# Homework Help: How he concluded that?Spivak's calculus

1. Aug 9, 2013

### Andrax

1. The problem statement, all variables and given/known data
So the question is : Find all continious functions such that $\displaystyle \int_{0}^{x} f(t) \, \mathrm{d}t$= ((f(x)^2)+C , what interests me is the way the solutions book presented the solution , not the solution itself .
in the solution , it starts with this , clrealy f^2 is differentiable at every point ( it's derivative at x is f(x) ) So **f is differentiable at x whenever **f(x)=/=0****? I have no idea how that can be concluded , this is from Spivak's calculus , if you diffrentiate by the ftc it's clearly f(x)=f(x)f'(x)
but he said that before even giving this formula, the differentiablity of f^2 dosen't have a relation with f(x)=/=0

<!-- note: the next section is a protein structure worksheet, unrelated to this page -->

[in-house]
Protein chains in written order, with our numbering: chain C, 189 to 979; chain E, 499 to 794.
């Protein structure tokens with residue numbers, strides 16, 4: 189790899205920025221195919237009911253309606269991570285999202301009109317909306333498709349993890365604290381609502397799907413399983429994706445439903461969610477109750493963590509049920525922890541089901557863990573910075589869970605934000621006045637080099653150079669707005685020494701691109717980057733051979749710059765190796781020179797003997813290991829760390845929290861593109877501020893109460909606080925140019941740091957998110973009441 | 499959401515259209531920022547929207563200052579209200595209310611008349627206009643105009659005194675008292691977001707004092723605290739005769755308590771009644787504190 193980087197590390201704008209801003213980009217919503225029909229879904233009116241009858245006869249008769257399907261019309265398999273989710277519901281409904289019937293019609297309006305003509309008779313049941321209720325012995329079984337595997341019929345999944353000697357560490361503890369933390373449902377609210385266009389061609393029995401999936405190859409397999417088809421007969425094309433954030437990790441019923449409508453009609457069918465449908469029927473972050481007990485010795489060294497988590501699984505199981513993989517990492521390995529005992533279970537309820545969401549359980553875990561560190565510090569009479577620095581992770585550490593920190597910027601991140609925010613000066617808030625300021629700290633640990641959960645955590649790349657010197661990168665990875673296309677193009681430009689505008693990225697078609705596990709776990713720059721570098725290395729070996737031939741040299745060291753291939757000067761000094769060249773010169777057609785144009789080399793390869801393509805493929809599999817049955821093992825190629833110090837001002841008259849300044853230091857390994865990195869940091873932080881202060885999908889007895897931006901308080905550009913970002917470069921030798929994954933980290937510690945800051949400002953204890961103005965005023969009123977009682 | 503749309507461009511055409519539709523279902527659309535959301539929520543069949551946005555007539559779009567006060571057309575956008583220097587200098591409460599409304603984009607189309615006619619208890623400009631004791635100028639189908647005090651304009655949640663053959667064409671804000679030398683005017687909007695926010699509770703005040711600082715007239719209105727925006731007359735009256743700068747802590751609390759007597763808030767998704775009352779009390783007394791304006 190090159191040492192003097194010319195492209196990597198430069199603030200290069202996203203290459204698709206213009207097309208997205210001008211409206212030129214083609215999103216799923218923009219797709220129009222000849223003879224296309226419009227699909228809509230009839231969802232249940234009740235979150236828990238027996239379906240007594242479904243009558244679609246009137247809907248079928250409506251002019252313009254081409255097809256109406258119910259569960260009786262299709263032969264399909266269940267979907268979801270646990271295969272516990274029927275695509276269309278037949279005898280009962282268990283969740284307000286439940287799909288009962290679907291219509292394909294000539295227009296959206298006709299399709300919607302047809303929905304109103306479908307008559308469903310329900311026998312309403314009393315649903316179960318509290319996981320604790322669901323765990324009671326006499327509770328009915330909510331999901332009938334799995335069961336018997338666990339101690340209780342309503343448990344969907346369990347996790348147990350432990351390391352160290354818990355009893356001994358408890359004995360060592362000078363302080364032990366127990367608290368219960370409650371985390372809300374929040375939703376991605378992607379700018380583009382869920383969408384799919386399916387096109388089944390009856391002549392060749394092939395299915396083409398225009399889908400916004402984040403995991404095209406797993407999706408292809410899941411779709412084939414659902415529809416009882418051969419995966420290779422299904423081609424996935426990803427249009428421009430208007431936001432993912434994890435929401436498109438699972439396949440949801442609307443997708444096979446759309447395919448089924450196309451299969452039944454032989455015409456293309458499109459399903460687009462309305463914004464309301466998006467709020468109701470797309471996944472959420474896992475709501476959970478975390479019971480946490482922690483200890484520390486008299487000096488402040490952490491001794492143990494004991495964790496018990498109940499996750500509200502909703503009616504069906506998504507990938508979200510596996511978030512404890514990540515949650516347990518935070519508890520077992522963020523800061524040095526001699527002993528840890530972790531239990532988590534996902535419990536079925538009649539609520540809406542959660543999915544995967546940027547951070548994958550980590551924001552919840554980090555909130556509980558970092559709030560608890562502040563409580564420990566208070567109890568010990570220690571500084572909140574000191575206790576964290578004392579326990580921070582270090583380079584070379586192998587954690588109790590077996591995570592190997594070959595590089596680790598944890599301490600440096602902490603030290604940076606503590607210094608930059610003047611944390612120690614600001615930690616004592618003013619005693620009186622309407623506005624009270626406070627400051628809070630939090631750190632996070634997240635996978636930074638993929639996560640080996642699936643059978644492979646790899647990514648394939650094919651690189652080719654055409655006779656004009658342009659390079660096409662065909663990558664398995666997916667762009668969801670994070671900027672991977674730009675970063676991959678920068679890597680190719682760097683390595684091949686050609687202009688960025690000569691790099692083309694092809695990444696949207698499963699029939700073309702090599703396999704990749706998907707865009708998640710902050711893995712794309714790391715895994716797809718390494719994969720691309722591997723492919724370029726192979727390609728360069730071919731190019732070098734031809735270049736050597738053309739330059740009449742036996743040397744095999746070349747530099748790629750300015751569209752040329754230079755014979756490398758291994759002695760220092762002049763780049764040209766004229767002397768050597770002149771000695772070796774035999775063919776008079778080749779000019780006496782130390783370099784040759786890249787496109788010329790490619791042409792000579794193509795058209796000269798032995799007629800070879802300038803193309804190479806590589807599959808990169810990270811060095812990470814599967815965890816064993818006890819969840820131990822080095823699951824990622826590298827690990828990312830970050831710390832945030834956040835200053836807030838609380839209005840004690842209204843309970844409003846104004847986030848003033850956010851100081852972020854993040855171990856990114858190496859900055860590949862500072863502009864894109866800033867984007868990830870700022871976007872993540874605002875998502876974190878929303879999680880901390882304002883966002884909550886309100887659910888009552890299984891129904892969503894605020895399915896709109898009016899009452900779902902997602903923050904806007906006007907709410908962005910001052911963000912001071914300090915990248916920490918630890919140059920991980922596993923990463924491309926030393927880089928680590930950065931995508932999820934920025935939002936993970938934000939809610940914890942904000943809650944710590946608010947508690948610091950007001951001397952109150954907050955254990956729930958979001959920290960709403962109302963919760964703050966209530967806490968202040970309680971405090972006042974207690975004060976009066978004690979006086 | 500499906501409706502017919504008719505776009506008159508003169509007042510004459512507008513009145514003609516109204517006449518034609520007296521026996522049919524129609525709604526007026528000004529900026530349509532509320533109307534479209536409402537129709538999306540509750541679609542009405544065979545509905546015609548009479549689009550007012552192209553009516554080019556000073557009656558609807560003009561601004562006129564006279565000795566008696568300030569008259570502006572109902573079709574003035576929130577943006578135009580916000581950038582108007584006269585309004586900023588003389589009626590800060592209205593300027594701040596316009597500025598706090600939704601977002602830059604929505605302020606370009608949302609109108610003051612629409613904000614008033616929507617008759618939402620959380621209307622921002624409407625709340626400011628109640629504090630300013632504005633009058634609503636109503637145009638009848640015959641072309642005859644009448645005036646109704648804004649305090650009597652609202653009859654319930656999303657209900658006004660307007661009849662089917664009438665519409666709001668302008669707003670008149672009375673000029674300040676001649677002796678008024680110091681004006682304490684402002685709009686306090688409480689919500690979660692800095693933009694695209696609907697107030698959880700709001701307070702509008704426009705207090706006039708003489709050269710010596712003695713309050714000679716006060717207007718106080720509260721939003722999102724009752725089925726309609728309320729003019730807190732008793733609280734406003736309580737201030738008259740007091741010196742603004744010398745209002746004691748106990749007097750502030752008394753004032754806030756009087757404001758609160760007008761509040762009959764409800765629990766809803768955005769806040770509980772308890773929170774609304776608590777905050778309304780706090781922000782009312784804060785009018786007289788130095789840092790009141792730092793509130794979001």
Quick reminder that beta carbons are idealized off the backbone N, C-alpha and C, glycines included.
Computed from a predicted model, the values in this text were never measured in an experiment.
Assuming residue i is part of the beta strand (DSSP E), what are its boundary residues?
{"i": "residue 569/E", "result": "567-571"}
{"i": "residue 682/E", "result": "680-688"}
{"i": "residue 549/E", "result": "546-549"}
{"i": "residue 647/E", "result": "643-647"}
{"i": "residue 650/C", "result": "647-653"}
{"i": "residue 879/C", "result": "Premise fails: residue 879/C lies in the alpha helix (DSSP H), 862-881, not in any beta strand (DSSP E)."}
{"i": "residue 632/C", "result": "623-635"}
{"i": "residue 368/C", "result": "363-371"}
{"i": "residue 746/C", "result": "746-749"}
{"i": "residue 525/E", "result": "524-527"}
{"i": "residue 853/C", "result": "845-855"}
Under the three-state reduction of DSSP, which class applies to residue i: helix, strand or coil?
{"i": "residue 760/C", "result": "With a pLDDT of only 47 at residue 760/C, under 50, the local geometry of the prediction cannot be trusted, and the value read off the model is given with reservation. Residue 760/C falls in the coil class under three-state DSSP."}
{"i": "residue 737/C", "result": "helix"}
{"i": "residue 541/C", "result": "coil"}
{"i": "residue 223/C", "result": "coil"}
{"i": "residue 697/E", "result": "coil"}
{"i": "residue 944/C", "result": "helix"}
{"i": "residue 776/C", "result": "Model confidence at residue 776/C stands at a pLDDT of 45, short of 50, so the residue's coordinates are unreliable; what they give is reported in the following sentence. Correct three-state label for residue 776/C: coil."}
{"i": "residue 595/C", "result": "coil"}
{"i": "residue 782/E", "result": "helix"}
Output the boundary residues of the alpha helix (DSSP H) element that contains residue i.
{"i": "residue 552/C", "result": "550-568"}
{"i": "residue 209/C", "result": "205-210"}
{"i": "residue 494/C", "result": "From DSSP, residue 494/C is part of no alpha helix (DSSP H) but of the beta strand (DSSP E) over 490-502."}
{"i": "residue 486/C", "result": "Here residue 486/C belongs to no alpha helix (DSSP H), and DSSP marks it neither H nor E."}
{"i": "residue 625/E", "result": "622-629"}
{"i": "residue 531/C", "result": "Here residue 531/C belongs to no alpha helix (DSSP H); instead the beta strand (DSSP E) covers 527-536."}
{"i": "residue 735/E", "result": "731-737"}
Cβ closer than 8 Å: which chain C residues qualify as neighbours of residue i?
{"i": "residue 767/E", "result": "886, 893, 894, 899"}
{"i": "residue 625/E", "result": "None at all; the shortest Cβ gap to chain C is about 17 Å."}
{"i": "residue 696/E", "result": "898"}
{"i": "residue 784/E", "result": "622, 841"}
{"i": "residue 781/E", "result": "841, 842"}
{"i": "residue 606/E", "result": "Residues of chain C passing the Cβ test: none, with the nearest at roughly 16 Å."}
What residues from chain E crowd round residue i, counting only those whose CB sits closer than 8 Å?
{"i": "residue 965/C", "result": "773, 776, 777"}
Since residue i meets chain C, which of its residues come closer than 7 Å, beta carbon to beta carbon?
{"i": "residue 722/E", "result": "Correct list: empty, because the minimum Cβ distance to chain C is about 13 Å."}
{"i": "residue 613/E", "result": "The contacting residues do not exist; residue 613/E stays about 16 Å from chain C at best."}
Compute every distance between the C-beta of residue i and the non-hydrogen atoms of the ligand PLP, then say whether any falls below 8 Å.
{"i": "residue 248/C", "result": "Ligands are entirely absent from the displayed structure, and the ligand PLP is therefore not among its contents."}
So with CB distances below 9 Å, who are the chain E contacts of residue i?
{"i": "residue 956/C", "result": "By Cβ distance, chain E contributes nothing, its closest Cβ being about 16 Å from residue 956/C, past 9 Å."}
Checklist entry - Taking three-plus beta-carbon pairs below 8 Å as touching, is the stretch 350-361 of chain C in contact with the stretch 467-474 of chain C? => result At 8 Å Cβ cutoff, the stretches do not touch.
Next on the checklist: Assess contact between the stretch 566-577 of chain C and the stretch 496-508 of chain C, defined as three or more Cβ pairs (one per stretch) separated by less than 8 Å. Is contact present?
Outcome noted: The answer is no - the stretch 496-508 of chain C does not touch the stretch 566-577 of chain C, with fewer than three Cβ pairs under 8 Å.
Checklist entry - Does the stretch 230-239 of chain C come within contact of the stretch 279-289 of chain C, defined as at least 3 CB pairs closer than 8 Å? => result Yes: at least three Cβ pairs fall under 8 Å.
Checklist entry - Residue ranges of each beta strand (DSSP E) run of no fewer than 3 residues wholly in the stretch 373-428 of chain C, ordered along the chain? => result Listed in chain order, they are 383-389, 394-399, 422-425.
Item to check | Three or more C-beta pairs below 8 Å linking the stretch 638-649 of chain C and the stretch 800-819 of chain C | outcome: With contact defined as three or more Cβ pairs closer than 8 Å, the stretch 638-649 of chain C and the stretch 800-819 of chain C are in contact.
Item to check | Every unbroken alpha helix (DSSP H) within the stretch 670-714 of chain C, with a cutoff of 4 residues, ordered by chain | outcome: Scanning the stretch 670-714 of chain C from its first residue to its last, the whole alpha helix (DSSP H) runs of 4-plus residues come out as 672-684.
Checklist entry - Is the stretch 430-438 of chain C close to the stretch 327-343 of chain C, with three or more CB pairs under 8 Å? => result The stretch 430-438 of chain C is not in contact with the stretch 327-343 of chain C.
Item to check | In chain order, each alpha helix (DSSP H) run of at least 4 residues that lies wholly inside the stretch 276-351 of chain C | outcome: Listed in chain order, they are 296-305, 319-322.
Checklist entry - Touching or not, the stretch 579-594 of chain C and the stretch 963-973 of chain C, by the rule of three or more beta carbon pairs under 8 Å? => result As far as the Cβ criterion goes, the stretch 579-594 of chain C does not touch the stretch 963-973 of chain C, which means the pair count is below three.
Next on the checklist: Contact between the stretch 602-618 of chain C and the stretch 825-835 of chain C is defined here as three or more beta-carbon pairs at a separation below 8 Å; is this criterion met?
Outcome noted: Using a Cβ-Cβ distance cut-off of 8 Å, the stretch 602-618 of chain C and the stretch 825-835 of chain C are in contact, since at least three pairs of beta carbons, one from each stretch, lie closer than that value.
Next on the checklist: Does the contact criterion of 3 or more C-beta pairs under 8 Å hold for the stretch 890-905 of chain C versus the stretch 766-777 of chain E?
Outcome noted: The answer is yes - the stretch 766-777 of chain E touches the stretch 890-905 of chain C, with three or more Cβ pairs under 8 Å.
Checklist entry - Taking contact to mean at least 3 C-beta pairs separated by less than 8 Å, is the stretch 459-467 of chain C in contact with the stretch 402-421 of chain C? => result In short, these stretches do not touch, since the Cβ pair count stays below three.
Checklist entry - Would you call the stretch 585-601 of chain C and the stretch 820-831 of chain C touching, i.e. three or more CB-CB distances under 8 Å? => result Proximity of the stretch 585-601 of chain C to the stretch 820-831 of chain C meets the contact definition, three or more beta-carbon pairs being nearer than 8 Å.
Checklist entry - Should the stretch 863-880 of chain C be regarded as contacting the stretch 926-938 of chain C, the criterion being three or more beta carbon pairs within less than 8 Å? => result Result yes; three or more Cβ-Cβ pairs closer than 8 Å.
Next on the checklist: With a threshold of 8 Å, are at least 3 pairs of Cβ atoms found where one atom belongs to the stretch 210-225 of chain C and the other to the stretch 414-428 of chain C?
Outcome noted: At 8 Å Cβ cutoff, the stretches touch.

EDIT : I know that f(x)=f(x)f'(x) What i don't inderstand is this 'clrealy f^2 is differentiable at every point ( it's derivative is f) So f(x)=/=0" why f(x) mustn't equal 0?

$2. Relevant equations included above 1. The problem statement, all variables and given/known data 2. Aug 9, 2013 ### ehild f(x)=0 is also a function, and solution of the problem. But there is also an other "non-trivial" solution. ehild 3. Aug 9, 2013 ### Andrax so when he wrotes whenever f(x)=/=0 he mean't the function f(x)=0 not the points where f(x)=0?it makes sense now 4. Aug 10, 2013 ### ehild Yes, he wants to find the solution not identically zero. ehild 5. Aug 10, 2013 ### LCKurtz Does that mean$(f(x))^2$or$f(x^2)$? I'm guessing the first. But$f(x)f'(x)$is not the derivative of$f^2(x)##. Am I missing something here?

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